All good advise given and thanks I will consider it all and use as required. I've been the oldest on the rink in several places and kids seem to respect people who show them respect... All I have to do is get my legs back and trucks adjusted the way I skate... Arthriticly..LOL
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Old December 19th, 2013, 07:56 PM   #13
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When I bought these skates in the summer and started to skate, I was lucky, that the protection things was included.
If not, I never had known something about these, and therefore not will buy it.

The first day I tried to run, I fell hard, and without the wrist protection I could have broken my wrist.

When I skate, I always wear a bike helmet and all the protections.
I also bought a pair of padded shorts, that I wear under my jeans or my shorts.

I expect, that I still will wear all of it in the future, when I will be a better skater, because I vill skate faster and do wilder things.
// Henning
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Old December 20th, 2013, 05:55 AM   #14
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Default Adapt To Your Rink/Since it Might be ALL you Got

Hi Ray,

Quote:
Originally Posted by xplorr94248 View Post
o -o . I don't know the rink too well but it is not well maintained and I am informed that the owners don't care to. I would rather have the rink there than no rink at all.:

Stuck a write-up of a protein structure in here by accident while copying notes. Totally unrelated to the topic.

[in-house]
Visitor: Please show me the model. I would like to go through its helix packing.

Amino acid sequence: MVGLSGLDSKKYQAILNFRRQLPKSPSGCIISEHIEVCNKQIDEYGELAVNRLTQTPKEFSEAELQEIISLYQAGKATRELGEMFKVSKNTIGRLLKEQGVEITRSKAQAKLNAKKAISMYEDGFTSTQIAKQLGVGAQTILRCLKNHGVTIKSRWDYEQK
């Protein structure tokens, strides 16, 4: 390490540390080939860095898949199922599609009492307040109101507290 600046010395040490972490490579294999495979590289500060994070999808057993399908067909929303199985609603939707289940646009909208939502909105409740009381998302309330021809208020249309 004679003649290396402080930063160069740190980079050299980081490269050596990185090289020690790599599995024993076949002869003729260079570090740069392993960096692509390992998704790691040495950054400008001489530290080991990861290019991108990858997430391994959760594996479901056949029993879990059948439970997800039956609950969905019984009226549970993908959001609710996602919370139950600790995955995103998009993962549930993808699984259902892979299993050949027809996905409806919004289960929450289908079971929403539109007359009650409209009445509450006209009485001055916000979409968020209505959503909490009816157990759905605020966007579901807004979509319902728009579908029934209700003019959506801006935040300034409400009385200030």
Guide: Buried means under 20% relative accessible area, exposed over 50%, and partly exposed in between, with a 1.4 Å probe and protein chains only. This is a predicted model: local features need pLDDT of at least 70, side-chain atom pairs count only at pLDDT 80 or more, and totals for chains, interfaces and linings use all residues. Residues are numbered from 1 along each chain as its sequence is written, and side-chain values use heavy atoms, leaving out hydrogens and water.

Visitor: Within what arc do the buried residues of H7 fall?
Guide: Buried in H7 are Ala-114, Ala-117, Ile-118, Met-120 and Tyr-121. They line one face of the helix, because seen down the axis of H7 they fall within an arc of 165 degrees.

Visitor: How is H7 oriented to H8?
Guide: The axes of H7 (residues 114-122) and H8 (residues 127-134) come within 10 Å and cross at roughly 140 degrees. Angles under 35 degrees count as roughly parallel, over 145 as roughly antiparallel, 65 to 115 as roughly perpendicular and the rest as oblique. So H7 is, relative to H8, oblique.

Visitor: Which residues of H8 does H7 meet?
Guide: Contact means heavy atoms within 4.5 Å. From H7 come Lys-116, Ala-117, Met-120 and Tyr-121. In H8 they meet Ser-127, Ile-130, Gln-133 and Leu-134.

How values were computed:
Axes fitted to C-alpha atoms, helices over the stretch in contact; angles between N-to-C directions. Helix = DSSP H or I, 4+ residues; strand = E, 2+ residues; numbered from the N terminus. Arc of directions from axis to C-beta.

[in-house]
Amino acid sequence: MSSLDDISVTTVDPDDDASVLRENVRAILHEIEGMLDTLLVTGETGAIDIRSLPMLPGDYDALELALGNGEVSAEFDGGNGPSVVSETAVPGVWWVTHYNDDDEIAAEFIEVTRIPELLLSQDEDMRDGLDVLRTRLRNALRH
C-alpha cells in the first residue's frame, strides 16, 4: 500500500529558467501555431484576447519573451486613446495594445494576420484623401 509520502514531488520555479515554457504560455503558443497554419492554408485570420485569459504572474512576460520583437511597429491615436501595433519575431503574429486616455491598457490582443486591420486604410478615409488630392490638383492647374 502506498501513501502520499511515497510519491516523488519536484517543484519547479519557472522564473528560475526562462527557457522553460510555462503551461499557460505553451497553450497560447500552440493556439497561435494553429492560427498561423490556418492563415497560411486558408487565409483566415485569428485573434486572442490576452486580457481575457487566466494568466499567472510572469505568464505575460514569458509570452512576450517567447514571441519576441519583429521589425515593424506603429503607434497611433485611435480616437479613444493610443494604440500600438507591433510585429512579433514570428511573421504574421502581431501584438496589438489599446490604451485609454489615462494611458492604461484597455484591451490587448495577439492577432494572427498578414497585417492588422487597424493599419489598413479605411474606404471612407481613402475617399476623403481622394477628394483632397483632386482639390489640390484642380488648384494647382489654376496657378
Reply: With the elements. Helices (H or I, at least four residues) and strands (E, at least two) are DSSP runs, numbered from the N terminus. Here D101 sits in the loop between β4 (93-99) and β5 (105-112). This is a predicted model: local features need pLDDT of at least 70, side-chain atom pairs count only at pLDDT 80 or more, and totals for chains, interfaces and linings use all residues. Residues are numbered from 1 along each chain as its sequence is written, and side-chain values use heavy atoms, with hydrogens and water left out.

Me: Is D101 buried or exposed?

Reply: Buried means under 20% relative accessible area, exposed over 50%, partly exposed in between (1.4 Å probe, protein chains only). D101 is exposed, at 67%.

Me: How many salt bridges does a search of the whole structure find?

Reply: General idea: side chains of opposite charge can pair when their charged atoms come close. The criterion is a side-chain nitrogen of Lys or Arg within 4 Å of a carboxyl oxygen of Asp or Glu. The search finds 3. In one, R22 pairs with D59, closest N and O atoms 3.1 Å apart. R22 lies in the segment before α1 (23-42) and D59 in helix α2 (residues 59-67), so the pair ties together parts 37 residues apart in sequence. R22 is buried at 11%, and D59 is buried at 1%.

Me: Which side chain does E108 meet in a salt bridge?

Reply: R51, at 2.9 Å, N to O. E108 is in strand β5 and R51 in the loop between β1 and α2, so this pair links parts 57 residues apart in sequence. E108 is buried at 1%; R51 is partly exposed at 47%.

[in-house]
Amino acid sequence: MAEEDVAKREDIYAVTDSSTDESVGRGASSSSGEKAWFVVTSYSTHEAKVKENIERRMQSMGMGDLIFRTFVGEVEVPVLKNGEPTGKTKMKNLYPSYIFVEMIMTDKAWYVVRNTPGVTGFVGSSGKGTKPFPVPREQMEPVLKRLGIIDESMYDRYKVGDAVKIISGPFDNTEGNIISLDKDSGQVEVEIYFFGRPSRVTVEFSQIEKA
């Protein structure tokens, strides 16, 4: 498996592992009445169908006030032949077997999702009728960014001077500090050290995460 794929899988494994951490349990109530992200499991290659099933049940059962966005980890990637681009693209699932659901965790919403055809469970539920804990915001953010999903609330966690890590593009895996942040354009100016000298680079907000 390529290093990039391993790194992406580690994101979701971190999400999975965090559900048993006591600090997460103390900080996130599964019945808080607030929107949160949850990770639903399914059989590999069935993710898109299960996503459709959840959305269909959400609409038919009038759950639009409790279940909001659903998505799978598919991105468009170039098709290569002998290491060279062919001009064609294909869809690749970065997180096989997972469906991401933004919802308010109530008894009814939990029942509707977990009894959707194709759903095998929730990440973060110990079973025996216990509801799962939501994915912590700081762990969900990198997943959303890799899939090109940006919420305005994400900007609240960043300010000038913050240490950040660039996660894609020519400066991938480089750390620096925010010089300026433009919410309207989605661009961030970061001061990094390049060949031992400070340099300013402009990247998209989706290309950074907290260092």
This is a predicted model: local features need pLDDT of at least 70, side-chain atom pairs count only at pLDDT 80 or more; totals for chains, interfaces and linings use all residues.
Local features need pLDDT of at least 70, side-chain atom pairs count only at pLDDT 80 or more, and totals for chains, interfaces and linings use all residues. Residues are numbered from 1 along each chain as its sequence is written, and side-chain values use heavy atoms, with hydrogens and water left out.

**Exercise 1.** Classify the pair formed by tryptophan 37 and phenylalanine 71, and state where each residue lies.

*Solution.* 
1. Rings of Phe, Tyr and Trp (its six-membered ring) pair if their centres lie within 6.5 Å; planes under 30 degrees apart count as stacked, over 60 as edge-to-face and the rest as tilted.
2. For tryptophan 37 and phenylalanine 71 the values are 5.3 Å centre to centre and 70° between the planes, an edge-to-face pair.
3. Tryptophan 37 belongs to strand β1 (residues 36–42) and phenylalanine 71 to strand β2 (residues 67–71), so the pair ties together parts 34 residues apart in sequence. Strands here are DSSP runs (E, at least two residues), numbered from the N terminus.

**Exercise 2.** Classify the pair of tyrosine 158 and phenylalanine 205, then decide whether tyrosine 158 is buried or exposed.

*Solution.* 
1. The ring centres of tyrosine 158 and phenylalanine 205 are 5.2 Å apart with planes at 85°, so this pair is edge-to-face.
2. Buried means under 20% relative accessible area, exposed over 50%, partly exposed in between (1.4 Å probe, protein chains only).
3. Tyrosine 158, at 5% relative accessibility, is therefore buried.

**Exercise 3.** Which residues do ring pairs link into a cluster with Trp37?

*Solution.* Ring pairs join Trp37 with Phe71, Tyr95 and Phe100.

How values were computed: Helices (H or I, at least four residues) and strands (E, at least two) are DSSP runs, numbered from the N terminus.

Well my title of this post agrees with you. I currently skate in two well maintained rinks up here in NewEngland (RollOnAmerica and Skateland); before that Granite Skate and another in NH over by the coast}. Yet I have skated in some really poor rinks with floors torn apart in other states.

Yet A Rink is better than No Rink, unless you go someplace great outdoors. And being in those NC hills, winter is pretty hard to skate outdoors.

So Learn to Adapt to Watch the Floors, the management, the kids, the lack of discipline, and ALL. BTW a place like this is very difficult for a come back older skater. And Don't go on a Teen Night.

Yours in Skating, MA/NY Skating Dave
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Old December 20th, 2013, 06:23 AM   #15
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Default NO Falls TILL Ready for Falls when Older..

Well our older buddy Ray,
probably younger than me 65 and Harold 66
and maybe Armadillo and DocSk8 both in their 60s
and a former InLine Buddy of mine 79, plus more

Thinks he can fall and take no consequences, cause his mind is still 30. If you read his verbiage falls are Just Simple stuff since his mind is at the last point he or she skated. He still does not understand Falls.

This is Quite Normal We are Invincible, till we are NOT.

Padding up like Harold and princess noted, or even as I noted with my wrist guards is a necessity if you want to be reckless.

One Fall of any consequence and Skating could be GONE from your life. You don't heal like a 16 yr old with oozing new skin and membranes. And rebuild with professional or personal PT takes lots of time. Plus you pay other life consequences.

So Do You, a Former Lover of Skating want to be that Reckless with something you have Loved and want to Love Again..

At the End of the ReLearn Tunnel You once again can be ready for Falls. Yet you got to work to get to the point that you fall like a kid, and kids admire your falls.

If you have the chance watch Derby Fresh Meat Training and the gear they wear.

Yours in Skating, MA/NY Skating Dave
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Old December 20th, 2013, 05:33 PM   #16
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Hey

Quote:
probably younger than me 65 and Harold 66
Make that 67 and Proud to still be Skatin !!

Harold
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Old December 21st, 2013, 04:35 AM   #17
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Default I'm also 67... and I guess I'm proud to be alive